Roberts is originally from England, and he now is the most winningest coach in Ball State soccer history. In 2010, Roberts brought in three international players to play for the Cardinals, and the changes started to turn to positive ones. Although they suffered a losing record (7-10-2), the Cardinals improved from the season before.

“I felt that we needed more diversity. Whether it was from different countries, whether it was going to be race, we just needed to mix things up,” Roberts said. Going internationally to recruit some of his players seemed like a smart move for the head coach, considering soccer is the world’s most popular sport, and it is more popular in countries outside of the United States.

During the 2011 season, Roberts and the Cardinals went on to finish the year without a losing record (9-9-3) for the first time since the 2007 season (13-5-2). Although the team was earning more wins, Roberts was more focused on creating a better team chemistry for the Cardinals. “The closer the team is, the better the performance they’re going to have,” Roberts said.

Before every season, Roberts brings the players together for team-bonding experiences. For example, the players will unite and display middle school pictures of one another without telling each other who is who. The players then try and guess to see if their answers were correct.

Another team-bonding exercise the Cardinals perform is a Christmas gathering before winter break. “We will bring players together before Christmas. We have kind of a team Christmas dinner, we share customs. It’s an option for them to grow,” Roberts said. Some international players celebrate the holiday a different way than some of the players who were born in the United States.

“It’s always good to experience new things,” Sophomore midfielder, Chelsi Ralph, said. Ralph joined six other international players for the 2018 season, and she represents Trinidad and Tobago.

The team’s resurgence isn’t solely because of the addition of more international players, but Roberts believes they bring a different style to the game. Different styles of play “allows the players to learn from each other,” Roberts said.

Before an addition of international players joined the team, Ball State played with a physical style, an American style. Nicky Potts, Junior midfielder from England, explains that she didn’t know exactly what to do when she first joined the team. “The people are more physical here, whereas when I’m back home, I played technical, like pass and move,” Potts said. Now, the players blend their style of play with both the technical and physical approaches.

After a couple of years practicing and playing in a more international way, the Cardinals took the next step in 2012 and earned their first winning season (8-7-5) under Roberts’ coaching duties. The season featured six international players.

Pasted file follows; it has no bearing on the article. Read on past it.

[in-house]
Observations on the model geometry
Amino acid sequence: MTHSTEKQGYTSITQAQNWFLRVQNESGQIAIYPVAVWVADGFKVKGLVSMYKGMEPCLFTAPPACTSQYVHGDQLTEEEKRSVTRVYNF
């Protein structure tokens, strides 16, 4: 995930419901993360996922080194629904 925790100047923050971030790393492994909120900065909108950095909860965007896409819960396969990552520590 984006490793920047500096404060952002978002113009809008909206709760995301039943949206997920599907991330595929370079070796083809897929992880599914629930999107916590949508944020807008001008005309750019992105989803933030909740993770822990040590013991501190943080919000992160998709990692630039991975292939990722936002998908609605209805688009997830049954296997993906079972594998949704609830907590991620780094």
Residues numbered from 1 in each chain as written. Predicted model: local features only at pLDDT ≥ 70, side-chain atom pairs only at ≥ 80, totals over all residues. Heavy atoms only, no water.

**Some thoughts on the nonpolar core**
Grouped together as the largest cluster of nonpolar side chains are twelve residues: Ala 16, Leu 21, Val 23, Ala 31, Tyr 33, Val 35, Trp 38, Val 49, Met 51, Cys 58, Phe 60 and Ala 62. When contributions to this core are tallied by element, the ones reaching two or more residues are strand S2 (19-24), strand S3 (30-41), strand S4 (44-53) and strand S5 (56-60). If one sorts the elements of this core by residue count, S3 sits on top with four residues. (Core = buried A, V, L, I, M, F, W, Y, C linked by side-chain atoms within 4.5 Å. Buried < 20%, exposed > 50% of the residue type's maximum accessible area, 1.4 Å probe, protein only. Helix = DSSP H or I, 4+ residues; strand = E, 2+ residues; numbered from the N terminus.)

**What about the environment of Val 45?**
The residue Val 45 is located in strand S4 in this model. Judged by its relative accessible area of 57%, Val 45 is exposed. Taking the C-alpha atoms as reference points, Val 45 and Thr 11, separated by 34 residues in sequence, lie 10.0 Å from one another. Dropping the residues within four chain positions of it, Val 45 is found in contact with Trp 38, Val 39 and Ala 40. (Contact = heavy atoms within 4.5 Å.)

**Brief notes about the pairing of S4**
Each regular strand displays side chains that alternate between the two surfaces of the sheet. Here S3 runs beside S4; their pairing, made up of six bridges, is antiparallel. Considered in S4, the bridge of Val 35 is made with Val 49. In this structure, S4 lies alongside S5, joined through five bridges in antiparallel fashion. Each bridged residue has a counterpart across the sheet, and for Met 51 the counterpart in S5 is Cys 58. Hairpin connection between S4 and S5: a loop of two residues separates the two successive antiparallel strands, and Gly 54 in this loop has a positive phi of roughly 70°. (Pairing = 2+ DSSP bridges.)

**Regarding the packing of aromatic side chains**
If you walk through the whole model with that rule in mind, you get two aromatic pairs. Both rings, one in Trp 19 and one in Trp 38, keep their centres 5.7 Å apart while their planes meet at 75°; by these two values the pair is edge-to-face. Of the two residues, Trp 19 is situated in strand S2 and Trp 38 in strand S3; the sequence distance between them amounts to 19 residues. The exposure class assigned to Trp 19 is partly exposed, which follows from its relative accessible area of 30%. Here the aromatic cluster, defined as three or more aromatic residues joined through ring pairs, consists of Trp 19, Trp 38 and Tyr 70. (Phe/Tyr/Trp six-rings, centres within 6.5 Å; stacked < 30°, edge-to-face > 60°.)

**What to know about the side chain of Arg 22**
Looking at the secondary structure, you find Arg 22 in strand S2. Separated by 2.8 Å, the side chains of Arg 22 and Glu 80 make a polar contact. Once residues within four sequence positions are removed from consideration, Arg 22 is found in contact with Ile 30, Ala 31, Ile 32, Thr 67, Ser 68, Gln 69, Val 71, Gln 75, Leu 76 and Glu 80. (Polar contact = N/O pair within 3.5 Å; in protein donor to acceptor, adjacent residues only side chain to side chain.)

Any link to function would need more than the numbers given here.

Roberts used an online site that featured international soccer players’ highlights to recruit internationally. Before committing to Ball State, Ralph was informed by a recruiter about the website. Three days after posting her highlights, Ralph received a call and offer to play for Roberts at Ball State.

Online isn’t the only way Roberts finds the international players. “I’ve got a lot of contacts around the world,” Roberts said. Even though he coaches for Ball State, Roberts also coaches the national level Puerto Rico team. The international background drives more opportunity for international recruitment.

The recruitment process led to six players rostered on the 2013 team, and the Cardinals finished towards the top of the MAC conference with another improving record (11-7-4). Winning records weren’t the goal anymore. Roberts and the Cardinals were chasing after a new goal, a MAC championship.

The 2014 season was the first year the MAC conference broke the soccer teams into two divisions, the MAC West and the MAC East. The Cardinals joined the MAC West division with Northern Illinois, Central Michigan, Eastern Michigan, Western Michigan and Toledo.

Although Ball State dropped down to five international rostered players in 2014, the Cardinals improved (11-7-2) for the fifth consecutive season. In result, Roberts and the Cardinals finished second in the MAC West behind Eastern Michigan by a half game.

The flags representing different countries surrounded the Cardinals’ field, but a recent MAC championship flag remained unseen. After a (10-1) conference record in 2015, Roberts brought the Cardinals their first MAC regular season championship in eight years. Once again, the Cardinals improved their overall record (14-3-3) from the year before.

Consistency became the backbone behind the team’s play on the field, and Roberts made sure to keep a consistent amount of international players rostered on the team year after year.

In 2016, the Cardinals ended the season with the same record (14-3-3) and another MAC regular season championship, but Roberts and the Cardinals aimed towards a new goal, a MAC tournament championship.

After an (11-7-3) record in 2017, the Cardinals bounced back to make it to the MAC tournament championship last season. The 2018 season featured seven international players on the roster, but the Cardinals suffered a defeat in the end after penalty kicks decided the championship game against Bowling Green University.

To push for a MAC tournament championship, Roberts hints that he is bringing in more international players to join the team. If the team holds more than seven international players on their roster for this season, it will be the most Ball State has had rostered on their team in Ball State soccer history.

Everything goes back to the team-bonding experiences Roberts has the women perform. Not only are the Cardinals working on their team chemistry, they are gradually taking steps to higher success under the coaching duties of coach Roberts. The country flags have been joined by two recent MAC regular-season championship flags, but will 2019 be the year the MAC tournament flag joins the group? Together the players join as one, U.S. born or not, as do the different uniting flags.